How can we actively reduce inequality across education?
Professor Jeff Grabill, Deputy Vice-Chancellor: Student Education, reveals how digital transformation and international partnerships can address educational needs on a global scale.
24 January 2023 is the day that the United Nations Educational, Scientific and Cultural Organization (UNESCO) celebrates the fifth International Day of Education. The theme this year is “To invest in people, prioritise education”. At the University of Leeds, we celebrate as well — and the UNESCO theme is at the heart of our strategy.
In our University Strategy, we acknowledge that “Our planet and its population face unprecedented challenges including climate change, economic instability, inequality, poverty, refugee crises and, more recently the COVID-19 pandemic” and that education is fundamental to addressing these challenges. Indeed, education sits at the heart of each of the UN sustainable development goals.
“We can truly teach the world and bring our research and research-led education to huge numbers of people.”
The University of Leeds is committed to widening access to what we offer and ensuring that our students succeed. We recognise locally that addressing inequalities is our responsibility. We have a responsibility to train regional talent and to use our research and innovation for the betterment of our local society.
More broadly, all 17 UN Sustainable Development Goals have the reduction of inequalities at their core, which means we also have a responsibility to address educational needs at a global scale. This is one reason why digital transformation is core to our work at Leeds, because one capacity it will enable is online education, which will allow us to create and scale the societal impact we deliver.
We can truly teach the world and bring our research and research-led education to huge numbers of people in the UK and across the globe — for both full-time students and learners in jobs who need to gain new skills. We can work and learn together with our own students, our wider regional communities, with business partners, and with colleagues in other universities and in other parts of the world.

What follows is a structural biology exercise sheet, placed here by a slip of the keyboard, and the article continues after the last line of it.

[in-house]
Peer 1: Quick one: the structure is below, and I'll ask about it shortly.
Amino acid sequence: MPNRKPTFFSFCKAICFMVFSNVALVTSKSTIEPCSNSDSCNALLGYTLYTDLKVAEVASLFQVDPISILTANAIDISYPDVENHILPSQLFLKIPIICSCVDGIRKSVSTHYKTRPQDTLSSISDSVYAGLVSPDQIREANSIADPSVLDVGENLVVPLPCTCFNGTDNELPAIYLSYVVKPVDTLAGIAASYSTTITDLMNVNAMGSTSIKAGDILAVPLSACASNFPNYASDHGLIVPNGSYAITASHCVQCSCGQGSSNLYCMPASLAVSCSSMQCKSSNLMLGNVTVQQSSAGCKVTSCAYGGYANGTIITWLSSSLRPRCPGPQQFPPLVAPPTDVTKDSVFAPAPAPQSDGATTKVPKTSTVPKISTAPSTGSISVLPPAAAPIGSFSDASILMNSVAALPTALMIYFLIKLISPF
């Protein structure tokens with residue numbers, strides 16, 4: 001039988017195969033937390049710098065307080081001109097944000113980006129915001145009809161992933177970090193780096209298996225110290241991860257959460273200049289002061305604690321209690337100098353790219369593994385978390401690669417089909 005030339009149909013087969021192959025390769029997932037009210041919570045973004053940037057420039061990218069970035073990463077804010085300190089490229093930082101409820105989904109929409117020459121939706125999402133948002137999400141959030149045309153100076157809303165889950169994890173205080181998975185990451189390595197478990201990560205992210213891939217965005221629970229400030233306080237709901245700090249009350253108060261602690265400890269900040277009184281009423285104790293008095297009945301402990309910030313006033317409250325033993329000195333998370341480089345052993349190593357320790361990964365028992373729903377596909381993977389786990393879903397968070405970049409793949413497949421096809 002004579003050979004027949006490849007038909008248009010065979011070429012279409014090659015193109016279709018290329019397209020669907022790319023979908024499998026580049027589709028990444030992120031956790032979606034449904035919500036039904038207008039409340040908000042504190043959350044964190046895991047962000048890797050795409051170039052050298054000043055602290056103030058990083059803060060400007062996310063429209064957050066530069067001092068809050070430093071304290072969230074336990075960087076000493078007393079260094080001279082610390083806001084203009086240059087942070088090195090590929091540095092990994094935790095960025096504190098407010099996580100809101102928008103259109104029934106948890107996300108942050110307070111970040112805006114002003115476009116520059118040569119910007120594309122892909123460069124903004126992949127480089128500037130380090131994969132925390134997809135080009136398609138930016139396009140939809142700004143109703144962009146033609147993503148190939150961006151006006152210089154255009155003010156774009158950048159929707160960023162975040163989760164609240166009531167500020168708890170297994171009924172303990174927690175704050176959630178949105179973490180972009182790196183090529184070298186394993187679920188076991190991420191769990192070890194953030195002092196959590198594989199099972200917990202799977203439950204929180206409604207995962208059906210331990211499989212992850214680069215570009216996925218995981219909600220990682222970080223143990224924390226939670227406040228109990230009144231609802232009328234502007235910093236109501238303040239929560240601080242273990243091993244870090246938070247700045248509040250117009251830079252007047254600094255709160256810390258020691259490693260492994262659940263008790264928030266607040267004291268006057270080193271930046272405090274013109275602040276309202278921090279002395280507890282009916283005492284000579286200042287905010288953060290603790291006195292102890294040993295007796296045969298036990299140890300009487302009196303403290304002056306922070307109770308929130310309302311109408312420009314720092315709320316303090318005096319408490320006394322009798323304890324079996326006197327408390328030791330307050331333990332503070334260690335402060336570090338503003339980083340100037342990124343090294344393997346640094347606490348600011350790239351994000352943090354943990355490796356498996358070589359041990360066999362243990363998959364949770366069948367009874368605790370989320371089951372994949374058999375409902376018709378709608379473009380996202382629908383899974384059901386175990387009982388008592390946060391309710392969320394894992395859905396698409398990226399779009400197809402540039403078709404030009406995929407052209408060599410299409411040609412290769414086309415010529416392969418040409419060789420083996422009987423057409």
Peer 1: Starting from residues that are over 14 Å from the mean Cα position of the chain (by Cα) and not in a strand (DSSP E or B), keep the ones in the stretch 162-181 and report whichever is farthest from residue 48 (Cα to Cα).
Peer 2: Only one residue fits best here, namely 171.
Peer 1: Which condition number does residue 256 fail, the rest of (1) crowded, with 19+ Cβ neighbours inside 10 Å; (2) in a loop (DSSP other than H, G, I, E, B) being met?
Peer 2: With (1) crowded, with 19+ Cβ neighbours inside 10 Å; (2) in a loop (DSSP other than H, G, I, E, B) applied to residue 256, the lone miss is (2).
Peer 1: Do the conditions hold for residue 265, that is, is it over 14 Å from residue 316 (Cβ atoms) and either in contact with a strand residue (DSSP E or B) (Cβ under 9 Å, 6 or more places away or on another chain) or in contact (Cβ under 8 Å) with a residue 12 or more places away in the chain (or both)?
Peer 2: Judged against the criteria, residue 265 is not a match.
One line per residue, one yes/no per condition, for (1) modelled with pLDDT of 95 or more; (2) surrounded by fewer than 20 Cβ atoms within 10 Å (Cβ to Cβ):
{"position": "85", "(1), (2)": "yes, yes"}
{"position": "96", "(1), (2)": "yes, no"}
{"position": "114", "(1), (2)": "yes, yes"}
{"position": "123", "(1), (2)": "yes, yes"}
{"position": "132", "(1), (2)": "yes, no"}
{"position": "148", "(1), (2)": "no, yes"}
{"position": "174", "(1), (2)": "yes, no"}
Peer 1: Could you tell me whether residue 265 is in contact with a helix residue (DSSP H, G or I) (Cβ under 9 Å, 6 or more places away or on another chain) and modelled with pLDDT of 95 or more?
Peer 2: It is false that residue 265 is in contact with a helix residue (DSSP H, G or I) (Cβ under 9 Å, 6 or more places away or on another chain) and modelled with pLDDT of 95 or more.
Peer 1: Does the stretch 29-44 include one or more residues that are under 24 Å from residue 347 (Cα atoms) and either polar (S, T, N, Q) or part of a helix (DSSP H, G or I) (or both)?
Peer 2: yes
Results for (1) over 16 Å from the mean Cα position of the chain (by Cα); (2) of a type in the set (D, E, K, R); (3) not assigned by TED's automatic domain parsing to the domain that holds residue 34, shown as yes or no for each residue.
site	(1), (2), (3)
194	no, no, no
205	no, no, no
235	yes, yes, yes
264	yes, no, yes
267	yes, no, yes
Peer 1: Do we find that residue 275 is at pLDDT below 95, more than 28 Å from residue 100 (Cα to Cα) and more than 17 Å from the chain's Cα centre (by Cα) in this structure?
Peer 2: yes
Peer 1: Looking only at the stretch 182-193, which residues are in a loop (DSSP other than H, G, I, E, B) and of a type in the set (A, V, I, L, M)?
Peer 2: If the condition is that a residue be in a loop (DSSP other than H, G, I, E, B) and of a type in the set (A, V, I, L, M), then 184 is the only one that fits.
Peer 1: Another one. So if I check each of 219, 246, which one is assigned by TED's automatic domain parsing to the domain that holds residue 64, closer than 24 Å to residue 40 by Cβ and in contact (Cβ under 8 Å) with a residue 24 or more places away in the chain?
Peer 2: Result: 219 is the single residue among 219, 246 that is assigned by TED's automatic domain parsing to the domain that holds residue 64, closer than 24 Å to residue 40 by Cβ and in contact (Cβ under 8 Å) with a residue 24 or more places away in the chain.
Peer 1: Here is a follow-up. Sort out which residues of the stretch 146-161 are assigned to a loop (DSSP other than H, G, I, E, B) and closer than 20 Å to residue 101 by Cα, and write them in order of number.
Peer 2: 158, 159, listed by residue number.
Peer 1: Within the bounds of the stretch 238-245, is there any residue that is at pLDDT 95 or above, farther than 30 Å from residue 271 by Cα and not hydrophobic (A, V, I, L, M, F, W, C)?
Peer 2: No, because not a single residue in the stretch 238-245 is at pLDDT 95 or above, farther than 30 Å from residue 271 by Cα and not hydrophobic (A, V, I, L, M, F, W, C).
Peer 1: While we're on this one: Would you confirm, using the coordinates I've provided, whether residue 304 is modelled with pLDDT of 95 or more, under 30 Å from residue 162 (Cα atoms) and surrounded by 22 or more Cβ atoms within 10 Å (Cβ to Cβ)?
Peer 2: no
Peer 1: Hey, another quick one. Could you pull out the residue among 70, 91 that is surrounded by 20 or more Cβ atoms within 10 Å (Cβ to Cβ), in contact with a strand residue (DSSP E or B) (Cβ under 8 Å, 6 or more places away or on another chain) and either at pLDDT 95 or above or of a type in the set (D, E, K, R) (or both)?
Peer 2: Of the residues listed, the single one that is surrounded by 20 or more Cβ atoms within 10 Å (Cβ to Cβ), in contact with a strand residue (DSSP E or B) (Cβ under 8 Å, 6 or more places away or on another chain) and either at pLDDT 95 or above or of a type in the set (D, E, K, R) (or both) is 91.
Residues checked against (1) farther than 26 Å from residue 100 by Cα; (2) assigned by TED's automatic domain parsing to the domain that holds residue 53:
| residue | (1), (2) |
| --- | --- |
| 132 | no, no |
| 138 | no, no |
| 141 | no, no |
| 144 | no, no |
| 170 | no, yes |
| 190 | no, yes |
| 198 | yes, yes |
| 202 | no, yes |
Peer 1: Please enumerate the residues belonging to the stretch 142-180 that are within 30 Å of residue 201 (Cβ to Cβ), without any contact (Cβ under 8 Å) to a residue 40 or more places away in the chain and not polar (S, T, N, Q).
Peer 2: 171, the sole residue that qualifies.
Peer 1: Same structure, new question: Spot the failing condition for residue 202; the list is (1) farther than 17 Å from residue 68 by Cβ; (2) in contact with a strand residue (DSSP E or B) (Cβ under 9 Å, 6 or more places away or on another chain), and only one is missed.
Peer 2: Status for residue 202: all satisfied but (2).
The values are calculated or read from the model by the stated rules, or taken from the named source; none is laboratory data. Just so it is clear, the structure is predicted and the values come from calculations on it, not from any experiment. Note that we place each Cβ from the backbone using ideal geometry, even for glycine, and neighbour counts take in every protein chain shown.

We’re committed to equitably investing in people through education. Perhaps nothing illustrates this better than our facilitation of the Knowledge Equity Network (KEN). KEN is a global, collaborative effort to capture our collective commitment and aspirations to reduce inequalities through increased access to knowledge.
“We must work in partnership with a wide range of institutions, organisations and individuals across the world.”
It begins with a global Declaration on Knowledge Equity. But a declaration isn’t sufficient. In the case of KEN, it is backed by commitments to action that are achievable and that will have an impact. KEN asks us to adopt open and collaborative practices of knowledge creation and dissemination, via a range of practices from scholarly communication to the resources we create and use for educational purposes.
Success will require cultures where equity, diversity, inclusiveness, collaboration and openness are paramount. And to be effective and to work within the spirit of the UN goals, we must work in partnership with a wide range of institutions, organisations and individuals across the world.
We cannot do this on our own, of course. That is the challenge and the beauty of working to address educational needs at a global scale. We must work together with increased passion, humility and determination. It is our public responsibility.
Professor Jeff Grabill is Deputy Vice-Chancellor: Student Education at the University of Leeds and leads the University’s overall education strategy.